:::cpp
void Connection::WriteString(char *string){
    //blah
}

Interfaces

Another oddity of golang is how interfaces are implemented - You declare an interface and its contents, but you never explicitly specify if a struct/class implements an interface. Consider this example:

:::go
type Handler interface {
    ServeHTTP(ResponseWriter, *Request)
}

type MyHandler struct {}
func (MyHandler *h) ServeHTTP(ResponseWriter, *Request) {}

The struct MyHandler is assumed to implement the interface Handler just because it implements ServeHTTP method. It almost feels like its duck typing, although attempting to assign handler directly will cause compile error.

:::go
type Server struct {
    handler Handler
}

myHandler := &MyHandler{}
server := &Server{}
server.handler = myHandler // compiler error

The only way to do the above assignment is to create a new instance of the interface and assign the pointer value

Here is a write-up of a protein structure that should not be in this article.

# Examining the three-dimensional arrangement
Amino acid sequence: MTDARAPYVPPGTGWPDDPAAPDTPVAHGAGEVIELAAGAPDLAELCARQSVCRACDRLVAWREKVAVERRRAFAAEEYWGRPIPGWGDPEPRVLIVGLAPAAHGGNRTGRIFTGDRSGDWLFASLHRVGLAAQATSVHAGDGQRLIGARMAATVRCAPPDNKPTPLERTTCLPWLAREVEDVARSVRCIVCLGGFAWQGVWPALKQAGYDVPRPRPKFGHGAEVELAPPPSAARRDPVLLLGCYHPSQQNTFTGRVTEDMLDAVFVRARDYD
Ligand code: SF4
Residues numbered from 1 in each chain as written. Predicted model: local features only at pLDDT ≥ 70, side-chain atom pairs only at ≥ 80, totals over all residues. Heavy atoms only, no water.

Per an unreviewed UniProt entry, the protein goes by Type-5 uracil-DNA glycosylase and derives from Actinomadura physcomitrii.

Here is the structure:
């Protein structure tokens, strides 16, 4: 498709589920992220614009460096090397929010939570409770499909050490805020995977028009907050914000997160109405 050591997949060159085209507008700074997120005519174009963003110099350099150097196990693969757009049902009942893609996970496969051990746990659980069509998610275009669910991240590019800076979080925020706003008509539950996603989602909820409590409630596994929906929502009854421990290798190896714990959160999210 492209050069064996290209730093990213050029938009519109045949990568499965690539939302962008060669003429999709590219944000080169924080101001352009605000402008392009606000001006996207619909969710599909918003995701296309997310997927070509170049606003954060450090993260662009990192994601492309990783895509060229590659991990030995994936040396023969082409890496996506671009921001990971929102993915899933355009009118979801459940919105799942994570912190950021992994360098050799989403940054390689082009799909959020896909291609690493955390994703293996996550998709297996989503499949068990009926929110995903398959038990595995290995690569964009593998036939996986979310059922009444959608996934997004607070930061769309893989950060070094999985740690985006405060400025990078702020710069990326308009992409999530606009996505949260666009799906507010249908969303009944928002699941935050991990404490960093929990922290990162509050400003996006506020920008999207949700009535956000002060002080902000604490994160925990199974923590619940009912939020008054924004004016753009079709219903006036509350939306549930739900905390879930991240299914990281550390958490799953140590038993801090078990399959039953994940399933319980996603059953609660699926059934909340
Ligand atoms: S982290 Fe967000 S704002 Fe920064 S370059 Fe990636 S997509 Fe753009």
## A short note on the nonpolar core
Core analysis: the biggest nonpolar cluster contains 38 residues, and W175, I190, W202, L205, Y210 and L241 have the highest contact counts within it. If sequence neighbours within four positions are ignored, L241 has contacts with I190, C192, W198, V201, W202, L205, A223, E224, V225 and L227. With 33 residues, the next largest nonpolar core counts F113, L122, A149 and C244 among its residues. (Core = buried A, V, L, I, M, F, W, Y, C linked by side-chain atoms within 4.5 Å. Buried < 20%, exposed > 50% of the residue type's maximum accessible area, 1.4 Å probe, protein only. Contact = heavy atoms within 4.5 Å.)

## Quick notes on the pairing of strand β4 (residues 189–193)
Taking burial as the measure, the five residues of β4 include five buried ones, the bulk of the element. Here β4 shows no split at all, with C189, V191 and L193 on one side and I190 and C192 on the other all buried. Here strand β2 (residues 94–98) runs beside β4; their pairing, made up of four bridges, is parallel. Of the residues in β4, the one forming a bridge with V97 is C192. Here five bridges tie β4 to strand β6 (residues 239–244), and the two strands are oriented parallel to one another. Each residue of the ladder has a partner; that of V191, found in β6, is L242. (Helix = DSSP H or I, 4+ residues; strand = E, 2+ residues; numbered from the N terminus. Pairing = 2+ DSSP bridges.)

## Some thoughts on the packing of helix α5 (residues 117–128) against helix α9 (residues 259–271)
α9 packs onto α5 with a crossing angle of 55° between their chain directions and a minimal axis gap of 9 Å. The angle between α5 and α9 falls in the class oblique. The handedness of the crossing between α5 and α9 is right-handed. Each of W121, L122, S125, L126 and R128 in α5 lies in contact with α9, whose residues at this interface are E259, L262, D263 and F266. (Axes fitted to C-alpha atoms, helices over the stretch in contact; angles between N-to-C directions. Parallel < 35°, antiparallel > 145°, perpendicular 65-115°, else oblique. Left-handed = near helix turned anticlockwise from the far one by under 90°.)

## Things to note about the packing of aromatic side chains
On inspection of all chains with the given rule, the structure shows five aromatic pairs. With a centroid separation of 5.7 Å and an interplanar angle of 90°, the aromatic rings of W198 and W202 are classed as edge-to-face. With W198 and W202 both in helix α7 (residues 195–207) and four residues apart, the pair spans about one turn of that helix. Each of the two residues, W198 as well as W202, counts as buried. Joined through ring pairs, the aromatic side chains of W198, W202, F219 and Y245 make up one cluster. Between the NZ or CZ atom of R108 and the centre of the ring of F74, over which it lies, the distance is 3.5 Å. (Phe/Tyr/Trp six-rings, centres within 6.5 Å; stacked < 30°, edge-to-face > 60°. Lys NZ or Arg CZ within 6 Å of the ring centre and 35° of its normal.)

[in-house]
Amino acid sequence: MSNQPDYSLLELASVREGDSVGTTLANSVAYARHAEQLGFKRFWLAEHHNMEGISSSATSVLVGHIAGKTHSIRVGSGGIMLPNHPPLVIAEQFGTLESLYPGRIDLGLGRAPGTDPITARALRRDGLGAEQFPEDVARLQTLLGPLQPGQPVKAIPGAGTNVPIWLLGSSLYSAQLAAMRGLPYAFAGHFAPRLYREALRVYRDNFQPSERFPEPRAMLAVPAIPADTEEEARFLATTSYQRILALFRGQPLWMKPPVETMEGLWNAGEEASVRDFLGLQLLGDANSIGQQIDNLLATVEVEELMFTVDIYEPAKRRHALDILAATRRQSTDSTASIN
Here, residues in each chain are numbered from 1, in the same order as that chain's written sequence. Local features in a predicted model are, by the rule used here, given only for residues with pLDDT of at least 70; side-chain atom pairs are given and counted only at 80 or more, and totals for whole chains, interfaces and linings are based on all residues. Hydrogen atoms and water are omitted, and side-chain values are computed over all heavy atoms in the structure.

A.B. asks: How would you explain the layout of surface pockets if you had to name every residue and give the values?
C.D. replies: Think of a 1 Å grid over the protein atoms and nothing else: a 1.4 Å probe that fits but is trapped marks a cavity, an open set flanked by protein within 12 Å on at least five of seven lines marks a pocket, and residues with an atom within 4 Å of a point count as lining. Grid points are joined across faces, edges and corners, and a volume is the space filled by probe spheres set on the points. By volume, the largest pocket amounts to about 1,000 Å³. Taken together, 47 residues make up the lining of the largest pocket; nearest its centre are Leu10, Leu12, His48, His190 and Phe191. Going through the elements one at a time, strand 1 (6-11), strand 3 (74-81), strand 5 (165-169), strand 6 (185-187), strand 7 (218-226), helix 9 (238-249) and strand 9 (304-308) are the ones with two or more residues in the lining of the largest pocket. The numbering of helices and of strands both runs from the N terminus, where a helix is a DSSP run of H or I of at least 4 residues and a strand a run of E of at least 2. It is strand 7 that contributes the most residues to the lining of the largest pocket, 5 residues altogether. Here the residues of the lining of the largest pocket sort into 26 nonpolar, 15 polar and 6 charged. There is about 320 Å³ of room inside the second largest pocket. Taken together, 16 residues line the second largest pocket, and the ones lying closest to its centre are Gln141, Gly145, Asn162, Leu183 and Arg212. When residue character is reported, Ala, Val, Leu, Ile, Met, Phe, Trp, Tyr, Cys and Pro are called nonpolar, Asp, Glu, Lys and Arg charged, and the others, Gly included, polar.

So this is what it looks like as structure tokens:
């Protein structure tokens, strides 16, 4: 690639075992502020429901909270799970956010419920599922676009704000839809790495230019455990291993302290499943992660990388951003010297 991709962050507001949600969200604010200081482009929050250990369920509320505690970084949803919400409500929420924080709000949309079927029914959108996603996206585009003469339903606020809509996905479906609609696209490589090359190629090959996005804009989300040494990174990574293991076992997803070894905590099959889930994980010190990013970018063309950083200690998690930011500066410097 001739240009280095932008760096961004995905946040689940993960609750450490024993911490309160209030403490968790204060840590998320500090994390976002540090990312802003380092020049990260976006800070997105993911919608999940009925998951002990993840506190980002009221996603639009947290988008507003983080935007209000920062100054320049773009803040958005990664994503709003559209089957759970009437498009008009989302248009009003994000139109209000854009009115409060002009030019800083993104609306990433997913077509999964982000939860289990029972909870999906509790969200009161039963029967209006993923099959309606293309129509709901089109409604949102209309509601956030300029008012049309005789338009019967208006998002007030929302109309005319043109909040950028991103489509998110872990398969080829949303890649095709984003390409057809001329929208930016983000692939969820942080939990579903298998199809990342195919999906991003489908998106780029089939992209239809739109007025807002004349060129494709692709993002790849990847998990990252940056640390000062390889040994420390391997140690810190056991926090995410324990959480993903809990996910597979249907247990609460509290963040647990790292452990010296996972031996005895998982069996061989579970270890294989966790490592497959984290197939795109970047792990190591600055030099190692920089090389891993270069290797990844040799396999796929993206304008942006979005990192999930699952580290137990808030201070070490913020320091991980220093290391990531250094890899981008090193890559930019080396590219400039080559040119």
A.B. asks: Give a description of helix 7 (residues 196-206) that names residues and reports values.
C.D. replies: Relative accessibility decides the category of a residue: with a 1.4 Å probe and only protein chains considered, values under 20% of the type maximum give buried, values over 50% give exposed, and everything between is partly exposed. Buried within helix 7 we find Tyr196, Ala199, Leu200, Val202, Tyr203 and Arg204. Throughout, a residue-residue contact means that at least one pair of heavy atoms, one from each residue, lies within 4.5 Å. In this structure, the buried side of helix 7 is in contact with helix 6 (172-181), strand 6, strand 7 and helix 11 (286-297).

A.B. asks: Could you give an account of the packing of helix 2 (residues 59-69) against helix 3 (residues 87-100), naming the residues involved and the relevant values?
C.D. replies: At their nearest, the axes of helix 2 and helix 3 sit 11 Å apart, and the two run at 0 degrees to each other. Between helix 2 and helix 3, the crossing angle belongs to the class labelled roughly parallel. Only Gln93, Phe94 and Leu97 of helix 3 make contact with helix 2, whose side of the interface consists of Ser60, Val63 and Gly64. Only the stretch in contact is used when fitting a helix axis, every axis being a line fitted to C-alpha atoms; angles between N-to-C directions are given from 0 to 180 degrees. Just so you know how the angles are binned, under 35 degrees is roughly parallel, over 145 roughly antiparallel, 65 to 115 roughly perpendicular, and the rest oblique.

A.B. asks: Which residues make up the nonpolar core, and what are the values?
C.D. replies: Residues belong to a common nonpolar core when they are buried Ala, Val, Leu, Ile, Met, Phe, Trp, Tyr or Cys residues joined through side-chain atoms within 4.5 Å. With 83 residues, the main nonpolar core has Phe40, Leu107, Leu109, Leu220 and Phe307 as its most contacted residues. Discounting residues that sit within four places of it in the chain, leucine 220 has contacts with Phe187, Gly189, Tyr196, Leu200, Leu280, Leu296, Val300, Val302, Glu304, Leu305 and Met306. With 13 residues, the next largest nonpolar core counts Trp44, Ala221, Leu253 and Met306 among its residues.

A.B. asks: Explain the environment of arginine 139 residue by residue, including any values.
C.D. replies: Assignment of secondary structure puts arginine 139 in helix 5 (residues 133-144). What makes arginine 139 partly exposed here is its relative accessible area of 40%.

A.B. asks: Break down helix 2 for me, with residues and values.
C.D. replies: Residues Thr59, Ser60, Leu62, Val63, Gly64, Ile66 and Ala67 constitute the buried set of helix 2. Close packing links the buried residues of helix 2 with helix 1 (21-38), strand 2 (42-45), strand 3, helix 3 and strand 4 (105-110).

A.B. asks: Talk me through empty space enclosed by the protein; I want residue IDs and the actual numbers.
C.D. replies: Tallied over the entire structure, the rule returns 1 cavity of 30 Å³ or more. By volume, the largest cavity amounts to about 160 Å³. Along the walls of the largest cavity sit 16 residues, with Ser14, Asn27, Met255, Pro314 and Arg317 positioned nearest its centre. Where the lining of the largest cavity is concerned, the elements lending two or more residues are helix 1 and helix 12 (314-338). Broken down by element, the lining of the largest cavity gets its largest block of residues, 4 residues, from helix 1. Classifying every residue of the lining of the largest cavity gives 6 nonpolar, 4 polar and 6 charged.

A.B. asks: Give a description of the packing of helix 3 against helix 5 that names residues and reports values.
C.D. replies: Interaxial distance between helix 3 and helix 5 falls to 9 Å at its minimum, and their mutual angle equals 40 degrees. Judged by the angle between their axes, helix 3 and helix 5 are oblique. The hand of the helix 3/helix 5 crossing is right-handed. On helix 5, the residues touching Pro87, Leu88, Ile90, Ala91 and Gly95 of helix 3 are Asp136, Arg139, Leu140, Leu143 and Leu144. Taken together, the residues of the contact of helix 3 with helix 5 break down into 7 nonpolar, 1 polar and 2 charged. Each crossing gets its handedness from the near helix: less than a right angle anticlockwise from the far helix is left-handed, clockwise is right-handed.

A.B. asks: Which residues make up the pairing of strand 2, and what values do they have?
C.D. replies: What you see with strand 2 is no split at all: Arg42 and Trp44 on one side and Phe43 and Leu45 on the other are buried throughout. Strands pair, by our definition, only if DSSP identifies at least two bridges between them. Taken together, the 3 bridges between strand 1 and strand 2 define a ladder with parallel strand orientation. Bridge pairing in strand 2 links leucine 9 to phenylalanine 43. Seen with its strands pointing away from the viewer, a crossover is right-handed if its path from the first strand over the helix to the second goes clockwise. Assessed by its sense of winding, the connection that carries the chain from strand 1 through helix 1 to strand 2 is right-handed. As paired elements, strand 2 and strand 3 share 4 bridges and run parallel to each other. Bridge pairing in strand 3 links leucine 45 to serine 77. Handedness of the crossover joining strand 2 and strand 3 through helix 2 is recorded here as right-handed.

handler := new(Handler)
*handler = myHandler
server.handler = *handler

Regexp

An amusing aspects of the regexp module is that the method naming conforms to a regex. Straight from godoc:

There are 16 methods of Regexp that match a regular expression and identify the matched text. Their names are matched by this regular expression:

Find(All)?(String)?(Submatch)?(Index)?

Multiple returns

functions can return multiple values. This although is part of the language, its not very different from returning a tuple in python

:::python
def returnTwoThings():
    return (1,2)    
a, _ = returnTwoThings()

Go

:::go
func returnTwoThings() (int,int) {
    return (1,2)
}
a, _ := returnTwoThings()

Only major difference is in go, the return types have to be explicitly declared. This means one can't arbitrarily decide to return 3 items unlike python.

Main

Go does not compile to a binary executable unless there is a main package and there exists a main() function.

Garbage Collection

The language is designed to be garbage collected. So the binary ships with a GC. Although this is great if the final main() is in go, its not useful if you'd like to use your go code to work with something written and compiled C.

In short: You can import C code into Go. The vice versa is not possible, yet. There goes my dream of building a mac/ios app in golang.